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The Siren and the domestic ideal

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  1. Introduction
  2. Overview of Vanity Fair
  3. The character of Rebecca Sharp
    1. He stay in London
  4. The character of Amelia Sedley
    1. Amelia's married life and the birth of her son
  5. The difference between the two girls
    1. Becky: The classic siren
    2. Amelia: Simple and modest
  6. The feminine character in both women
  7. Conclusion
  8. Works cited

Written during the Victorian age and in a strict society, Vanity Fair by William Makepeace Thackeray was a book all its own. It is mostly categorized as a satire; however, it speaks volumes about the realities of the time. Women were considered as a property, and the men laid down the law. There were some women who chose to acquiesce, and some who chose to rebel. Two female characters in Vanity Fair are the epitomes of this principle: Becky Sharp is the latter, while Amelia Sedley represents the former. These two women went from adolescence to adulthood together, each playing a very different role. Their two stories diverge and come together at different points in their lives, but there is always a comparison between the two.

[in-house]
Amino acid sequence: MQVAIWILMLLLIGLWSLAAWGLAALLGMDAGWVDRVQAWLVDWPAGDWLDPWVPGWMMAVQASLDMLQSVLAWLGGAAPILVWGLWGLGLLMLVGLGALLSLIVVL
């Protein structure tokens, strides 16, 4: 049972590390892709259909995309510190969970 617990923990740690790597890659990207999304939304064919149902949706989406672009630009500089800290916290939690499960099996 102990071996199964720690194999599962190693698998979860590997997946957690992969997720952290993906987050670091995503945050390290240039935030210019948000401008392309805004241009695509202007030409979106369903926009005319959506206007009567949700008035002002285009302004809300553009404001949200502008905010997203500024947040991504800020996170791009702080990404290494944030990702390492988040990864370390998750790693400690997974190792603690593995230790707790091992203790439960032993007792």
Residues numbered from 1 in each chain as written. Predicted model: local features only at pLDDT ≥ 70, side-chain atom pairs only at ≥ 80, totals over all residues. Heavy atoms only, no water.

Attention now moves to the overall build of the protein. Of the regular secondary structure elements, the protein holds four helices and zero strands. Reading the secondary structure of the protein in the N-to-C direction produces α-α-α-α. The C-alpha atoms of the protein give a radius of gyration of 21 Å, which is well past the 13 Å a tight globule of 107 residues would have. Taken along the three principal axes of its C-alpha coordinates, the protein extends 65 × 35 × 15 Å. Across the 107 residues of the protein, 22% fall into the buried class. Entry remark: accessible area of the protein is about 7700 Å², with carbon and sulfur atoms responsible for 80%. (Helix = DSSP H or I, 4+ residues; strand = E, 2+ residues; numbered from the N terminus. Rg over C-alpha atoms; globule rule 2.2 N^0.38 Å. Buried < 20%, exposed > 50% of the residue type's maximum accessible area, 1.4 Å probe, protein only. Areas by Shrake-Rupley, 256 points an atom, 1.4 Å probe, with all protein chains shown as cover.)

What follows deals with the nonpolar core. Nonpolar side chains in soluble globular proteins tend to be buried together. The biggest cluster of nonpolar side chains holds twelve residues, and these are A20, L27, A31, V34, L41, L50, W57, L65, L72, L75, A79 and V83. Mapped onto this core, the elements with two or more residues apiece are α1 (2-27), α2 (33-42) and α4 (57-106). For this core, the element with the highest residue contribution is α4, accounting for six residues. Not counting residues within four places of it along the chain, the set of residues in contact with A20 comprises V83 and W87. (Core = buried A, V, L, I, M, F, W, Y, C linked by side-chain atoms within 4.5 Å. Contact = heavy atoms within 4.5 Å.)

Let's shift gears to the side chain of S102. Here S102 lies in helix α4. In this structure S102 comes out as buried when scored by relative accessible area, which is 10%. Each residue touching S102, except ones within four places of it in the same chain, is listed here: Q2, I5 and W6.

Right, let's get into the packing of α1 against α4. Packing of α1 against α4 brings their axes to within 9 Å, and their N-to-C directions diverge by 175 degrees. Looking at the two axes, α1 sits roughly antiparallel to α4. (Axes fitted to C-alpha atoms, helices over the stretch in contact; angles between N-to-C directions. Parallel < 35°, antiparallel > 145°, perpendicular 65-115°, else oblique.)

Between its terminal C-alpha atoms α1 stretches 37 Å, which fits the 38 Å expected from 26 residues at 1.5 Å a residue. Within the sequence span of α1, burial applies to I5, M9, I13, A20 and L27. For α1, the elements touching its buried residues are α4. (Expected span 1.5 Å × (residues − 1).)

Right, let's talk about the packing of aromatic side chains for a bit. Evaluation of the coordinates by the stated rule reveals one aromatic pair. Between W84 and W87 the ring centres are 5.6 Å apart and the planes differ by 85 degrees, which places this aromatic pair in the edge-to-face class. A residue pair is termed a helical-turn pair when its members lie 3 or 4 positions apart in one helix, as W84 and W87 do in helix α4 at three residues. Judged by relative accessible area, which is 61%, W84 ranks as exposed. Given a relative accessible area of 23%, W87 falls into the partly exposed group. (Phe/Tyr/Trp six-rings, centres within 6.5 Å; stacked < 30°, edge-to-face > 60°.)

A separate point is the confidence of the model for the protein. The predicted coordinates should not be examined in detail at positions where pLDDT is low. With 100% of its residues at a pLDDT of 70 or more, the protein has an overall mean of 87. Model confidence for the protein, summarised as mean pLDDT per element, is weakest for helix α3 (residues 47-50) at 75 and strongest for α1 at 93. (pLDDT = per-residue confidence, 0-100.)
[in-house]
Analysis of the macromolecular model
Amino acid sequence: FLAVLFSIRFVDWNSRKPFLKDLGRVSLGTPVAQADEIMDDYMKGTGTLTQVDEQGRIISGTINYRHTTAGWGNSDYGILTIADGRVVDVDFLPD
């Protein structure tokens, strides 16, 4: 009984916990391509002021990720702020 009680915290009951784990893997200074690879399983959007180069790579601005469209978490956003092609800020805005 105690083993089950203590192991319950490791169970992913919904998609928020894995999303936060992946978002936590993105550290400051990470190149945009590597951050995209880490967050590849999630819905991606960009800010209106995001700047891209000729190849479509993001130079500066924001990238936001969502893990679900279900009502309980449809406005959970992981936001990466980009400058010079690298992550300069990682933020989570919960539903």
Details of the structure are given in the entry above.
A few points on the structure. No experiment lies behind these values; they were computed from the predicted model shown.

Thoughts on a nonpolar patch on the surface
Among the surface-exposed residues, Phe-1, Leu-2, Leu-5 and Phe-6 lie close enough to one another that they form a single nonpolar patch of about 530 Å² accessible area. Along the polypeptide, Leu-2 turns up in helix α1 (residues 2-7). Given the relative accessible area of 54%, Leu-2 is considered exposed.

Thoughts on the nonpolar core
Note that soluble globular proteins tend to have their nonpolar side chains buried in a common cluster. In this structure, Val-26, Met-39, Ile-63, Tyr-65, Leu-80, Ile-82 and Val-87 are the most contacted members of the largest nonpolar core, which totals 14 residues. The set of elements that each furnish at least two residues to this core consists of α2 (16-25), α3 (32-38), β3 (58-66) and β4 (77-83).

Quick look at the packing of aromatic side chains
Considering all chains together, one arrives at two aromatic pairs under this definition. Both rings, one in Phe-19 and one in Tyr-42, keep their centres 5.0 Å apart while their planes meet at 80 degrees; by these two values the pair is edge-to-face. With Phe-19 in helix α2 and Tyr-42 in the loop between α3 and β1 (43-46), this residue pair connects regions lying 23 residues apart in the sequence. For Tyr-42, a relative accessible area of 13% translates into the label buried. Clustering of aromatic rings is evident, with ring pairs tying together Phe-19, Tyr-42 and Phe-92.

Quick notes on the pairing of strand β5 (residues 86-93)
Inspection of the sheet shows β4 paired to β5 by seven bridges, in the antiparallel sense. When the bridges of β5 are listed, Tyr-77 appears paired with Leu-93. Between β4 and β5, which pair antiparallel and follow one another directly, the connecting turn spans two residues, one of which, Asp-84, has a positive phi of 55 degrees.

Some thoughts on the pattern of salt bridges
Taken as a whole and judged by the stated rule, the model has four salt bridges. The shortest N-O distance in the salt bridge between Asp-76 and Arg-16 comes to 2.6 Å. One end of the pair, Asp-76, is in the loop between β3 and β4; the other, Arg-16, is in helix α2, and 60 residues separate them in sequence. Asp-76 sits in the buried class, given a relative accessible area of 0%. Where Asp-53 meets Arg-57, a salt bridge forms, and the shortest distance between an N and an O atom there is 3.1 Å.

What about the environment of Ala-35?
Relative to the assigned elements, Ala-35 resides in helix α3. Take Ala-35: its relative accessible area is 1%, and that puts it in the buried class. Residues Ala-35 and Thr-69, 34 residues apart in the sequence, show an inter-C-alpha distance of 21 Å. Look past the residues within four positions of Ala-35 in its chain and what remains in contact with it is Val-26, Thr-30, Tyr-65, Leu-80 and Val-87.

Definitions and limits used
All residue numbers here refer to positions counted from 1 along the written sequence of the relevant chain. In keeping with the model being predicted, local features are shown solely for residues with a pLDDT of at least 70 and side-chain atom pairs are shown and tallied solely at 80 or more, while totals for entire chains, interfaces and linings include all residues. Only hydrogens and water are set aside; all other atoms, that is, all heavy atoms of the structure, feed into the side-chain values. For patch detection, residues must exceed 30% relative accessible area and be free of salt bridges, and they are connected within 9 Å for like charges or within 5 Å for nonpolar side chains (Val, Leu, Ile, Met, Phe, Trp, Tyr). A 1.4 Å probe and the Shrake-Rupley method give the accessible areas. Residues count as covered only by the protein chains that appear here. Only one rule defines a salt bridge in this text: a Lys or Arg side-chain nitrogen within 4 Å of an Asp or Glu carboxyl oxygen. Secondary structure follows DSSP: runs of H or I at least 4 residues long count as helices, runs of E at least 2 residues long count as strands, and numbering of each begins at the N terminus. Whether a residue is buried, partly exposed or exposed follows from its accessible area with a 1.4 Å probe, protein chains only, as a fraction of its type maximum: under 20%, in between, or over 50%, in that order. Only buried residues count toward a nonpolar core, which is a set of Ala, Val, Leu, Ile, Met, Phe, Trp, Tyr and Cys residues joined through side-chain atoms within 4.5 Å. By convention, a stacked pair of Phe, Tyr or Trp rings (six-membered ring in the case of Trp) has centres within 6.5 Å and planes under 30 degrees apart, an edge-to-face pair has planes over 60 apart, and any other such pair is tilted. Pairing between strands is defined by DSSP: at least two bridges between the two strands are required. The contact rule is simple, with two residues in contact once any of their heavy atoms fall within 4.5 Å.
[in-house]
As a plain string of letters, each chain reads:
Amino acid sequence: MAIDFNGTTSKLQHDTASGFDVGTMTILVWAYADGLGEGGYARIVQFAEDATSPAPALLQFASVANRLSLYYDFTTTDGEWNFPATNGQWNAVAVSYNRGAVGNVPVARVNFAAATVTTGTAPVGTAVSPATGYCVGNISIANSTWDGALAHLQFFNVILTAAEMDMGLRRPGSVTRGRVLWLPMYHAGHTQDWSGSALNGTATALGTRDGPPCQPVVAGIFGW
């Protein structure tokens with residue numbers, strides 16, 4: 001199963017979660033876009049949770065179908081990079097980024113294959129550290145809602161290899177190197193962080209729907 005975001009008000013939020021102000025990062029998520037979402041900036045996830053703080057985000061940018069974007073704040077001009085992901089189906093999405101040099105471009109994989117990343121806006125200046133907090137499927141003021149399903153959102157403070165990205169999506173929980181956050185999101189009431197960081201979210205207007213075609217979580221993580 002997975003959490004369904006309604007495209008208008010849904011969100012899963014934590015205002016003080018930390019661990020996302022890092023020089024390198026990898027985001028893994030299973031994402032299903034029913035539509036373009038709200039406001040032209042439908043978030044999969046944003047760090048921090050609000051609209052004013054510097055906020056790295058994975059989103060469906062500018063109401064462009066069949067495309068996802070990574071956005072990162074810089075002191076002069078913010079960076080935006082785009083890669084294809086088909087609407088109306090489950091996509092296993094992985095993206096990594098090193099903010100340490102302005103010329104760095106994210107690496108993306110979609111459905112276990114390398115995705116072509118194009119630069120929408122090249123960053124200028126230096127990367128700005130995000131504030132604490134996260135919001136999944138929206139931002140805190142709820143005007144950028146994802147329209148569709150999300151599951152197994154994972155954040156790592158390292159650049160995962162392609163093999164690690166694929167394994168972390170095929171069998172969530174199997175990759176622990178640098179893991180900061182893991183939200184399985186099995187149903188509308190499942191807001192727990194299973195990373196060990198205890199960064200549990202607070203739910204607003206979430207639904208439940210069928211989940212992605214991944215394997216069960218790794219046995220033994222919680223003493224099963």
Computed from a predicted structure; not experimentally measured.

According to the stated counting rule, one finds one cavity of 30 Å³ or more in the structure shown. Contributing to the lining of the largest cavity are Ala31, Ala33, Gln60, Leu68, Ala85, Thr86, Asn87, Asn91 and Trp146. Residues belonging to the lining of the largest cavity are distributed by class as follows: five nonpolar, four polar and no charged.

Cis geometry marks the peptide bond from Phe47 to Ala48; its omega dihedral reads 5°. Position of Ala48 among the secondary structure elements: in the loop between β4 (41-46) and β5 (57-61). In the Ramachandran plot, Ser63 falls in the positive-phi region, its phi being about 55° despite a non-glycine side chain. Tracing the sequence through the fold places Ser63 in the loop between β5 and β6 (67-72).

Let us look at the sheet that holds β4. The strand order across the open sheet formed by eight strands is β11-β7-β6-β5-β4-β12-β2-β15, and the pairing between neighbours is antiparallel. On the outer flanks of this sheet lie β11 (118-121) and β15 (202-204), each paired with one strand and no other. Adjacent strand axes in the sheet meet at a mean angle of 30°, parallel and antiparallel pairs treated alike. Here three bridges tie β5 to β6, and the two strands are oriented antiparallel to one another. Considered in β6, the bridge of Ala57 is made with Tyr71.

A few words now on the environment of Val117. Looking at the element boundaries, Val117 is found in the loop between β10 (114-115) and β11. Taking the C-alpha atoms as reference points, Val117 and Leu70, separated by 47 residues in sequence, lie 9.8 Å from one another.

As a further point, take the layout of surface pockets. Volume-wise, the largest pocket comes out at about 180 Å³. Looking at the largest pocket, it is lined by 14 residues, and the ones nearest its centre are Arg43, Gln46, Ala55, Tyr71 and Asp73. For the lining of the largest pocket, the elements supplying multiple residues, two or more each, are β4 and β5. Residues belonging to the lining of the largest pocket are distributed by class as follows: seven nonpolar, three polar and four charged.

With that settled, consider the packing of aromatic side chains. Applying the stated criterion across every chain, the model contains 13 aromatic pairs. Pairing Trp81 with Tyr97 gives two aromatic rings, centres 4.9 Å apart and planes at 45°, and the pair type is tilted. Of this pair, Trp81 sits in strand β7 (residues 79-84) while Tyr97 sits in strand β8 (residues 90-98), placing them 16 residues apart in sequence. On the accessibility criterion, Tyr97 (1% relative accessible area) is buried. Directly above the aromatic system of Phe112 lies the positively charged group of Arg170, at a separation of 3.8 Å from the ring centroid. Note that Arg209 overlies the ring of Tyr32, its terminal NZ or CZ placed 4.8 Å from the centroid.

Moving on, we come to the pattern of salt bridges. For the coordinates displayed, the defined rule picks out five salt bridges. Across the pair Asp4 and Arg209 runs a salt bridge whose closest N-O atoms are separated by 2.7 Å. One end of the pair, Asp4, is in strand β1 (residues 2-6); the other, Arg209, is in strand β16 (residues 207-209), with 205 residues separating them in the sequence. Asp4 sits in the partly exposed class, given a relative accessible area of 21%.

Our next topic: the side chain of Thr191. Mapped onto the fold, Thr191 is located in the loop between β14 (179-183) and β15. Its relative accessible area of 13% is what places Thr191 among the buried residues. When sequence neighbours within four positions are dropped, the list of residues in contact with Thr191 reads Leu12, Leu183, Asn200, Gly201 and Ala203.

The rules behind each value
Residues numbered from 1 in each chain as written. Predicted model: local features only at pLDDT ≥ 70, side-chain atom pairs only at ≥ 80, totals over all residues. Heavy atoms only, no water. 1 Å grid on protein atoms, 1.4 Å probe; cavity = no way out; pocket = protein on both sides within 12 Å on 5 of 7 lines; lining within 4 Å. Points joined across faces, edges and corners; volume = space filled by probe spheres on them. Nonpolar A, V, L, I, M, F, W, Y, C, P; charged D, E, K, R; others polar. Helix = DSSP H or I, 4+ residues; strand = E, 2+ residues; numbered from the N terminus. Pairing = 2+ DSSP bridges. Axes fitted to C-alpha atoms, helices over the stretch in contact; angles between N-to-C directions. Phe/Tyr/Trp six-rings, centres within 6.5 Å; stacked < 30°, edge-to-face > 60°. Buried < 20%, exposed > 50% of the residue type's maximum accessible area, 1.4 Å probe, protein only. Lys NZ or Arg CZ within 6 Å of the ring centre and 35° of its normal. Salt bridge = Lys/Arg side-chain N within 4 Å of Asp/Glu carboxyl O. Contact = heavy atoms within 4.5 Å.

[...] Eventually she gives Little George to his paternal grandfather to raise because she believes he will have a better life with the rich Osbornes. This development breaks her, and once again she falls into a deep depression. Becky is artful, bold, and unscrupulous. She is the classic siren and consummate actress (Fisher 398). A wolf who is able to move about in different social classes because she was born without one, she uses all of men's weapons (such as double discourse in her speech) and her own: her sex appeal. Becky scorns high society, yet she craves to be one of them. [...]


[...] In an unselfish act of generosity (or perhaps as a final smack in the face), Rebecca finally reveals to Amelia her late husband's unfaithful ways, making Amelia free to love again, and to love Dobbin specifically. Becky again sets her sights on Amelia's brother, who ends up dying under mysterious circumstances once he has left money to Rebecca. The argument can be made that Becky Sharp was a product of her environment and society. Because women were considered possessions during this time, they really had only two choices: they were to either submit to the standard or rebel. [...]

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